Allergies of modern man come from inherited genes 40,000 years ago.
This is the result of two studies, published last January 7 in the journal American Journal of Human Genetics . With these prehistoric couplings, all modern humans inherited from 1 to 6% of early hominid genes, Neanderthal and Denisova says Sciences et Avenir. These genes were shared with modern humans when the first groups left Africa to come to Europe. They then had sex with Neanderthals, already established in Eurasia.
Janet Kelso, lead author of both studies, scanned the genomes of modern humans to detect genes from Neanderthals or Denisoviens. Two of the three genes of the immune system corresponded to DNA and the third Néandertal than Denisova. The most common of them was found in most of the world population, especially in the second and the third Asian, similar to DNA Denisova and rare, in a small group of Asians.
This genetic inheritance plays a vital role in our immune system, according to two studies. This proves that inherited genes, even thousands of years old, can be an advantage for the adaptation and evolution of man, especially by boosting the immune system. “ Our study shows that interbreeding with archaic humans have had practical implications for modern people, the most obvious was our adaptation to the environment by improving our resistance to pathogens and our metabolism to digest new foods , “says Janet Kelso, the Max Planck Institute in Germany, lead author of a study. “ Neanderthals lived in Europe and western Asia for 200,000 years before the arrival of modern humans. They were probably well adapted to the climate, food and pathogens and mating with them, we modern humans inherited these beneficial adaptations “, she continues.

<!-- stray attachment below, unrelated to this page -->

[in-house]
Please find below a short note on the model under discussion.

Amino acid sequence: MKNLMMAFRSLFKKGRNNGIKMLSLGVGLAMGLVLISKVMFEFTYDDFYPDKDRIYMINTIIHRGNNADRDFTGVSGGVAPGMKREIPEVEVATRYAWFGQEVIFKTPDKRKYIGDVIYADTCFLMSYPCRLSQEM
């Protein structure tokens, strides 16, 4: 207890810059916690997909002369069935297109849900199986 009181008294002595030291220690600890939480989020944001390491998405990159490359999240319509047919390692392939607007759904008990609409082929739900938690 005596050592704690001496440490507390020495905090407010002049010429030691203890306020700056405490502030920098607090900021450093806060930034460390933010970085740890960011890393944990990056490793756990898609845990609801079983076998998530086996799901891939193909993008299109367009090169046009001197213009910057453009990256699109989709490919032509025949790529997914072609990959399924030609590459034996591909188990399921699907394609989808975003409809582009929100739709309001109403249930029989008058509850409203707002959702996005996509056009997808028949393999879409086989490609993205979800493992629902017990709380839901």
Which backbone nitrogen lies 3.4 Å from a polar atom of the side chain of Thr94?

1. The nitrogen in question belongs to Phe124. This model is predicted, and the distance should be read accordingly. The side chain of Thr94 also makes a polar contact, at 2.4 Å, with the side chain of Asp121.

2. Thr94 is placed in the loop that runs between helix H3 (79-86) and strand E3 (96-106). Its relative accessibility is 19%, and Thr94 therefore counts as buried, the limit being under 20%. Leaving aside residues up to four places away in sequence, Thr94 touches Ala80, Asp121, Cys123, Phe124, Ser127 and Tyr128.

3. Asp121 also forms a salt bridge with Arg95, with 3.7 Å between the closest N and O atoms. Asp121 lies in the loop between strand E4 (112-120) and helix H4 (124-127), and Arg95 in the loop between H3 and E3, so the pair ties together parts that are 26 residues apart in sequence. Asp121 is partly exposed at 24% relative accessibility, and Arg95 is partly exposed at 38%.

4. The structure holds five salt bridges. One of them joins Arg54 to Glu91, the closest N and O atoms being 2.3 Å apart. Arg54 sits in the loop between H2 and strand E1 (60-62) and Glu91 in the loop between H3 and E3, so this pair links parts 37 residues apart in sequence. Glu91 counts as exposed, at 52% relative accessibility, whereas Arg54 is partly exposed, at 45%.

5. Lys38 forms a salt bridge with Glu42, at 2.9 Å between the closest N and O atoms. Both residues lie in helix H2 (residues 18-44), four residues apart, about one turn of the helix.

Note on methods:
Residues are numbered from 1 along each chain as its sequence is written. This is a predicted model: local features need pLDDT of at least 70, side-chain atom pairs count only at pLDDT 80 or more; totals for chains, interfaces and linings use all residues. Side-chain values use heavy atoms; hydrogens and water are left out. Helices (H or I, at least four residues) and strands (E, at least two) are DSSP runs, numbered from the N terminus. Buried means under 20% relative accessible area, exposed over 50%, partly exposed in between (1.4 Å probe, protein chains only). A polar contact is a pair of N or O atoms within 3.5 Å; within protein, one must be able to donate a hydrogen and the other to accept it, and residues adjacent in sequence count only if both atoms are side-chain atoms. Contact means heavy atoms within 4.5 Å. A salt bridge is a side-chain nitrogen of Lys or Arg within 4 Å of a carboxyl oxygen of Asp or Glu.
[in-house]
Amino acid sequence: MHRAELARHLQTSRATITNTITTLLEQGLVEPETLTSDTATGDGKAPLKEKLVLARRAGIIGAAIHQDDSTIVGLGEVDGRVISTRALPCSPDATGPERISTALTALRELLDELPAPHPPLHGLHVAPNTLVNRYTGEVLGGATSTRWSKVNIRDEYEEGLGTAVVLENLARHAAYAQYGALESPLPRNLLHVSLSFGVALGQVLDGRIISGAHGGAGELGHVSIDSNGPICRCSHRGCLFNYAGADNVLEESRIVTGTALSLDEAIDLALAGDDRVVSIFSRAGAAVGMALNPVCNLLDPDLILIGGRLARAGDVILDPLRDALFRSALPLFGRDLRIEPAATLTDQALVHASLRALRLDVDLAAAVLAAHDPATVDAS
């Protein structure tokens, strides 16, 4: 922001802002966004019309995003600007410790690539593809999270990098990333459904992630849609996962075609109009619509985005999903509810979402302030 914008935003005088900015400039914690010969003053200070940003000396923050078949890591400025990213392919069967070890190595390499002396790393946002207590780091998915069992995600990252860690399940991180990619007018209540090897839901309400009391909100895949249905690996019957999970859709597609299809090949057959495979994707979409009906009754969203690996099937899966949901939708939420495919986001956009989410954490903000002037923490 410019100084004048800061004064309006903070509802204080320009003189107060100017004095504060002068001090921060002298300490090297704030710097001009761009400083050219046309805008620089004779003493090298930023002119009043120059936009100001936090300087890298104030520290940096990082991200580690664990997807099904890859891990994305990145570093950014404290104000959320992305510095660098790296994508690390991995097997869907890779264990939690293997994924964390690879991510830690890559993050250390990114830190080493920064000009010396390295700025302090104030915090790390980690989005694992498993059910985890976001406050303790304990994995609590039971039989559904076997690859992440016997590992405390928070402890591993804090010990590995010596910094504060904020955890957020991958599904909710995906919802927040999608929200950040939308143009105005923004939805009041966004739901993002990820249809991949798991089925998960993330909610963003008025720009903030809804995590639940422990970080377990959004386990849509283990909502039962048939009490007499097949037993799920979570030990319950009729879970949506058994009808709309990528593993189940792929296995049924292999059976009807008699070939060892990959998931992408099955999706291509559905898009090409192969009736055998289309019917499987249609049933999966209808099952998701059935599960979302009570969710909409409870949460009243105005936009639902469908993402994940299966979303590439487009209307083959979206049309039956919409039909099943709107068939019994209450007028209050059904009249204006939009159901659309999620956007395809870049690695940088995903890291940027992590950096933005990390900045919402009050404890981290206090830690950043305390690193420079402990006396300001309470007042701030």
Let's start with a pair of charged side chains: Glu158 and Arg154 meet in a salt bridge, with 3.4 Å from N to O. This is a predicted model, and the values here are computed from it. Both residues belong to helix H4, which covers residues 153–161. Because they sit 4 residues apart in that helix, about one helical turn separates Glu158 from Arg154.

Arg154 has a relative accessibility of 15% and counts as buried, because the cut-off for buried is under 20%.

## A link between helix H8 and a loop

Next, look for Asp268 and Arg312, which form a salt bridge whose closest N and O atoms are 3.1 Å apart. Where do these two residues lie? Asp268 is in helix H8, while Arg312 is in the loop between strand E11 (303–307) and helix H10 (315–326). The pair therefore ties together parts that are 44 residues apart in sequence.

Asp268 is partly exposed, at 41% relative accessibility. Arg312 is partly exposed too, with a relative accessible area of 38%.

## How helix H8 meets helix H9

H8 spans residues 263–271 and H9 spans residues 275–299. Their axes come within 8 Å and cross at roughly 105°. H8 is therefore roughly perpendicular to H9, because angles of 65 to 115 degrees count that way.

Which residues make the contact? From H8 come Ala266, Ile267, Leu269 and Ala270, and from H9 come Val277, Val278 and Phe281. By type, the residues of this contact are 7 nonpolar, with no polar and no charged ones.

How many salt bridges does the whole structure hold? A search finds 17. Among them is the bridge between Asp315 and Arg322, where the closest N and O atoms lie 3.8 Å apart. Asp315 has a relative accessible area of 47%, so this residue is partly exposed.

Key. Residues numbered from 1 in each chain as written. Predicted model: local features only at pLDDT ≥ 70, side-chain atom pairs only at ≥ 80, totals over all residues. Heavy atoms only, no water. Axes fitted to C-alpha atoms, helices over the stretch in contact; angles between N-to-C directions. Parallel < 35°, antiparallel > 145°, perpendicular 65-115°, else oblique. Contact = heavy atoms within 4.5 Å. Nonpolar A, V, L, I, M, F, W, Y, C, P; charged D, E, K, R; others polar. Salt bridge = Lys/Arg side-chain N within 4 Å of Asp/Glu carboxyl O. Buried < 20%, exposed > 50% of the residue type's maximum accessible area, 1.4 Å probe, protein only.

But these genes can also confer disadvantages and lead, according to studies, excessive sensitivity of the immune system. It is this phenomenon that is the basis of our allergies. People carrying these genes are more likely to have asthma, hay fever or other allergies.